Back out on the track I jogged along for another five kilometres or so before my first wobble set in and I found myself walking; and walking; and walking with a few running intervals thrown in: doing more walking than running. Yes, it was hot. I was not going to be adding much to the time in the bank but if I could just keep a safety net and hope that come the evening I would speed up. After passing a date plantation where there was an appalling amount of plastic litter across the landscape the route turned onto a tarmac road. It was baking and I eventually resorted to crouching down and squeezing into a tiny patch of shade from a palm fence for a timed stop to cool off a bit. I could be onto something here. Once I got going again I started to count my steps, never a good place to be. Eventually the route turned off the road and back onto a track that gently inclined up the side of a date plantation to the second check-point. This was a calmer more relaxed affair and I decided to take a longer than planned stop: drink, eat, cool off and regain my equilibrium.


It was worth it. I left the check point feeling more energised and at a good trot. The route turned onto a section of road again and past some dwellings before turning off into the desert at which point there was a marked change in the terrain. The route became uneven and consisted of soft sand which started to fill my shoes and the sand emptying pixies had done a runner. I had a bad feeling about this. There were small scrubby bushes and plants, but nothing that provided any shade, although I did try sitting under a twiggy bush. The heat was STILL increasing and there was absolutely no respite, but I kept moving, plugging away at it. My plan, get to the 50k check point hopefully a couple of hours ahead of the cut off and take an hour to rest and recover. At this point that still manageable.

I spotted snake tracks in the sand and thought back to my recent seat: that could have come back to bite me in the bum, literally. Blimey. Every now and again a lizard scurry away and that was it for wildlife. It was too damned hot for anything else.

I passed some discarded medical packaging: was that from today? Had somebody been pulled from the course? Waahh! Then I spotted someone in the distance. They were moving very slowly. As I got closer I could see that they were carrying their backpack in their hand which was a little concerning. I decided to pick up the pace and check if they were OK. This is what you do even if means overheating.

When I reached him he had put his pack back on and was Ok, just suffering with the heat and the terrain. I suggested a brief stop under my foil blanket. He declined, but sat for a minute before continuing. I pulled my foil blanket out and hunkered down under it. I could just lie here for a while. The heat and my fatigue were starting to affect my ability to think. How ridiculous was this situation? How ridiculous did I look? Like the Sunday roast covered in foil: ready for a good baste.

Two other women caught up with me and we agreed to continue together, but I just could not keep up. My legs were heavy and moving took so much effort and the pressure from the sand in my shoes was seriously uncomfortable. I started to feel very vulnerable, and began to wonder what would happen if the heat got to my like it did in Namibia and I needed help? How long would I have to wait? I later found out that the temperature had gone up to 39 degrees or more.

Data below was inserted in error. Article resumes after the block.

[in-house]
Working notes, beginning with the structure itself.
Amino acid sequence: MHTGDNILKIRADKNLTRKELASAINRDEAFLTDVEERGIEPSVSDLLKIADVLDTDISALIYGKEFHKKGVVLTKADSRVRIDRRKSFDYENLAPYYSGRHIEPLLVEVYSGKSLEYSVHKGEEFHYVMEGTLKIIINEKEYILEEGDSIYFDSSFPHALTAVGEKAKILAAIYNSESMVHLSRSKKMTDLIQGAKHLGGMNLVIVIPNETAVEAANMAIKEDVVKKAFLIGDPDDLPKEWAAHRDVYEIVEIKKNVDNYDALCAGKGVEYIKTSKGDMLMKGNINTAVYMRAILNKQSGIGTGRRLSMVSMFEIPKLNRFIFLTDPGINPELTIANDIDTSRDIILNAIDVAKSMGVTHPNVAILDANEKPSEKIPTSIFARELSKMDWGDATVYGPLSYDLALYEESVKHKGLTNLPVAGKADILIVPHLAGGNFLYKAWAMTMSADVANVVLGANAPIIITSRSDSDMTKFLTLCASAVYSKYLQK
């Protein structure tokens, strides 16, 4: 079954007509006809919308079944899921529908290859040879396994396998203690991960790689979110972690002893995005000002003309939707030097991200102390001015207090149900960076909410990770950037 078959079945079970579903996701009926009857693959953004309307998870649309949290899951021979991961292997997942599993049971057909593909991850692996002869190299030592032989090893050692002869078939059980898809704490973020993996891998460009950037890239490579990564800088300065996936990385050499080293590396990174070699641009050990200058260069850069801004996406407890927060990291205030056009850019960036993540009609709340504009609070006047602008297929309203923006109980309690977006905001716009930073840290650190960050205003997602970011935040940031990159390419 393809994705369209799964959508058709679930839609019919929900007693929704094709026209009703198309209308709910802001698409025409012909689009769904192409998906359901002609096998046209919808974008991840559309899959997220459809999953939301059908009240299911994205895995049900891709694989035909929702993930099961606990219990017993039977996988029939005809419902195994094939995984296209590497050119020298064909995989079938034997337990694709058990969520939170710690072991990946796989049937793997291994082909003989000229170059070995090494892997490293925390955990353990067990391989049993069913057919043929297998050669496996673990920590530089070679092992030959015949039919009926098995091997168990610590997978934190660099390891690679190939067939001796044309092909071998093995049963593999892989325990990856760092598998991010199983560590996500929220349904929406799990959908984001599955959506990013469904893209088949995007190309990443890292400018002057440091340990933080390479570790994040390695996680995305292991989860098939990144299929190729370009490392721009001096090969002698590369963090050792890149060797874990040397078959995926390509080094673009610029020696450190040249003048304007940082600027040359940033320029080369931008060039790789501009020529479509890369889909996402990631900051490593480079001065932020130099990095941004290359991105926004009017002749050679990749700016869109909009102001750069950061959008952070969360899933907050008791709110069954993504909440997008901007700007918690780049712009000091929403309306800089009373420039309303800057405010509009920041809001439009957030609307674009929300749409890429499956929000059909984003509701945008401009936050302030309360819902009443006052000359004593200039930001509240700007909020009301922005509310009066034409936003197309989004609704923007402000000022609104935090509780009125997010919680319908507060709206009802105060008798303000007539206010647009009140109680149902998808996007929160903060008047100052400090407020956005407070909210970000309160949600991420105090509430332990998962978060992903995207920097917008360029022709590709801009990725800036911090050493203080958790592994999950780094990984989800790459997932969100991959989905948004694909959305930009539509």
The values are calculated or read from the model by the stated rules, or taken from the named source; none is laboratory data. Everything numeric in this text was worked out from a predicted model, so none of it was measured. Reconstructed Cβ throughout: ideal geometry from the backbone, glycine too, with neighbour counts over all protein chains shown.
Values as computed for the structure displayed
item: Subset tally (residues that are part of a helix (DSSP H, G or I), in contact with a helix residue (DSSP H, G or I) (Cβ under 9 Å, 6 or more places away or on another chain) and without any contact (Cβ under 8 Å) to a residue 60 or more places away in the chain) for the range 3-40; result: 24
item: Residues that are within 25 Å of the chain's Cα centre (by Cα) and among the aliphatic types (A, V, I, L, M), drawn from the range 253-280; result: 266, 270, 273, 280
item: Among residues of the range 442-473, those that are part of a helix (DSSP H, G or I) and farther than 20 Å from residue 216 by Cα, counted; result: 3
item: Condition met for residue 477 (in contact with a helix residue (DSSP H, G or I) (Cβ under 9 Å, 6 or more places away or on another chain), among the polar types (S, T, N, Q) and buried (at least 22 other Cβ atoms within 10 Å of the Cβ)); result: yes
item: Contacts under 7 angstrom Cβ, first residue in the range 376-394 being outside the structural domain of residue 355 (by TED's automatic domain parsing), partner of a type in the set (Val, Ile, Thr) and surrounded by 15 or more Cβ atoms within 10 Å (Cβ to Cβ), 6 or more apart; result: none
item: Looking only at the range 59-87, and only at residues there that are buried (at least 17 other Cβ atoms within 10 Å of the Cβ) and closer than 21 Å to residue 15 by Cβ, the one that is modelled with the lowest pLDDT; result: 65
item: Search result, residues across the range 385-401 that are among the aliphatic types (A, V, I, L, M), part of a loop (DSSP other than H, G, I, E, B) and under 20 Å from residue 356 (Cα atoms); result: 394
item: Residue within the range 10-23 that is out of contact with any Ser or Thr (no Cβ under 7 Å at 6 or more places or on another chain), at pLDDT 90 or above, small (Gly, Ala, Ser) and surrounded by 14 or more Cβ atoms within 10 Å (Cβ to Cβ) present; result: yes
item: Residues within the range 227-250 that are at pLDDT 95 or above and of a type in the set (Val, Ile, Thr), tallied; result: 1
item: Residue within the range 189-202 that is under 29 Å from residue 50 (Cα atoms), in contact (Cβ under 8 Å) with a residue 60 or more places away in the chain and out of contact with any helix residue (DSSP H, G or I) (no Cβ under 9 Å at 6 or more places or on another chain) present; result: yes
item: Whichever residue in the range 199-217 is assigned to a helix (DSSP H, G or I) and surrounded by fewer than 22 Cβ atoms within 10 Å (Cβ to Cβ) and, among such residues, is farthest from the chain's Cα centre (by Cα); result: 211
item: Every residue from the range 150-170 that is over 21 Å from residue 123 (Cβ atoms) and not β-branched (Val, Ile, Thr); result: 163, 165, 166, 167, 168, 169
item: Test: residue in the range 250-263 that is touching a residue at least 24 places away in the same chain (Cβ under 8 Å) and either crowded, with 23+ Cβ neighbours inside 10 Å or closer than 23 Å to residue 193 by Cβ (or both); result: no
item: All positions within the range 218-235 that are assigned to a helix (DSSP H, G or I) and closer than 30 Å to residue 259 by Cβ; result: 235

There was a security vehicle up ahead sitting on the brow of a hill. As the other women passed it they must have said that I was not looking good because the vehicle drove down to me. They asked if I was alright. I think I need to quit. They remind me that it’s only five or six kilometres to the next check point: only. That was going to take me between 1 and 1.5 hours. Was it worth it? My plan to rest up would have to change. Would I be able to press on in this heat without a break?

It was time to quit: I knew in heart and my head. I got into the van and was driven to the check point. Ironically, I had been gaining on other runners. It was desperate to see them battling with the terrain and conditions, many looking completely broken. The check point was like a battle zone; bodies everywhere and people being tended by the volunteers and medics. They were so kind. Someone took my shoes and socks off and washed my feet, others gave me water and food and sympathised with my decision to stop and providing assurance that I had made a good effort in extremely hard conditions.

My race was over. Huge respect to all those who persevered to finish, and also to the 37 other people who made the tough decision to abandon.

There are positives to be gained from the experience. I got further in hotter conditions and harder terrain than in Namibia. I got my fluids and nutrition more or less right. Salt tablets are a must in these conditions. I was in total control of my decision to stop. A definite improvement over Namibia. And I definitely did not promise anyone a games room.

Africa, however, is proving to be something of a nemesis. Alasdair’s sage advice;

‘Stop messing about in the desert and just get Africa done and under your belt. You can go back to the deserts after you have completed the Odyssey.’

Hopefully, it will be a case of 3rd time lucky and I will defeat my nemesis with a trip to Morocco in January 2019, where the climate will be a bit more temperate, there will be a bit less desert and some undulating foothills in the low Atlas Mountains.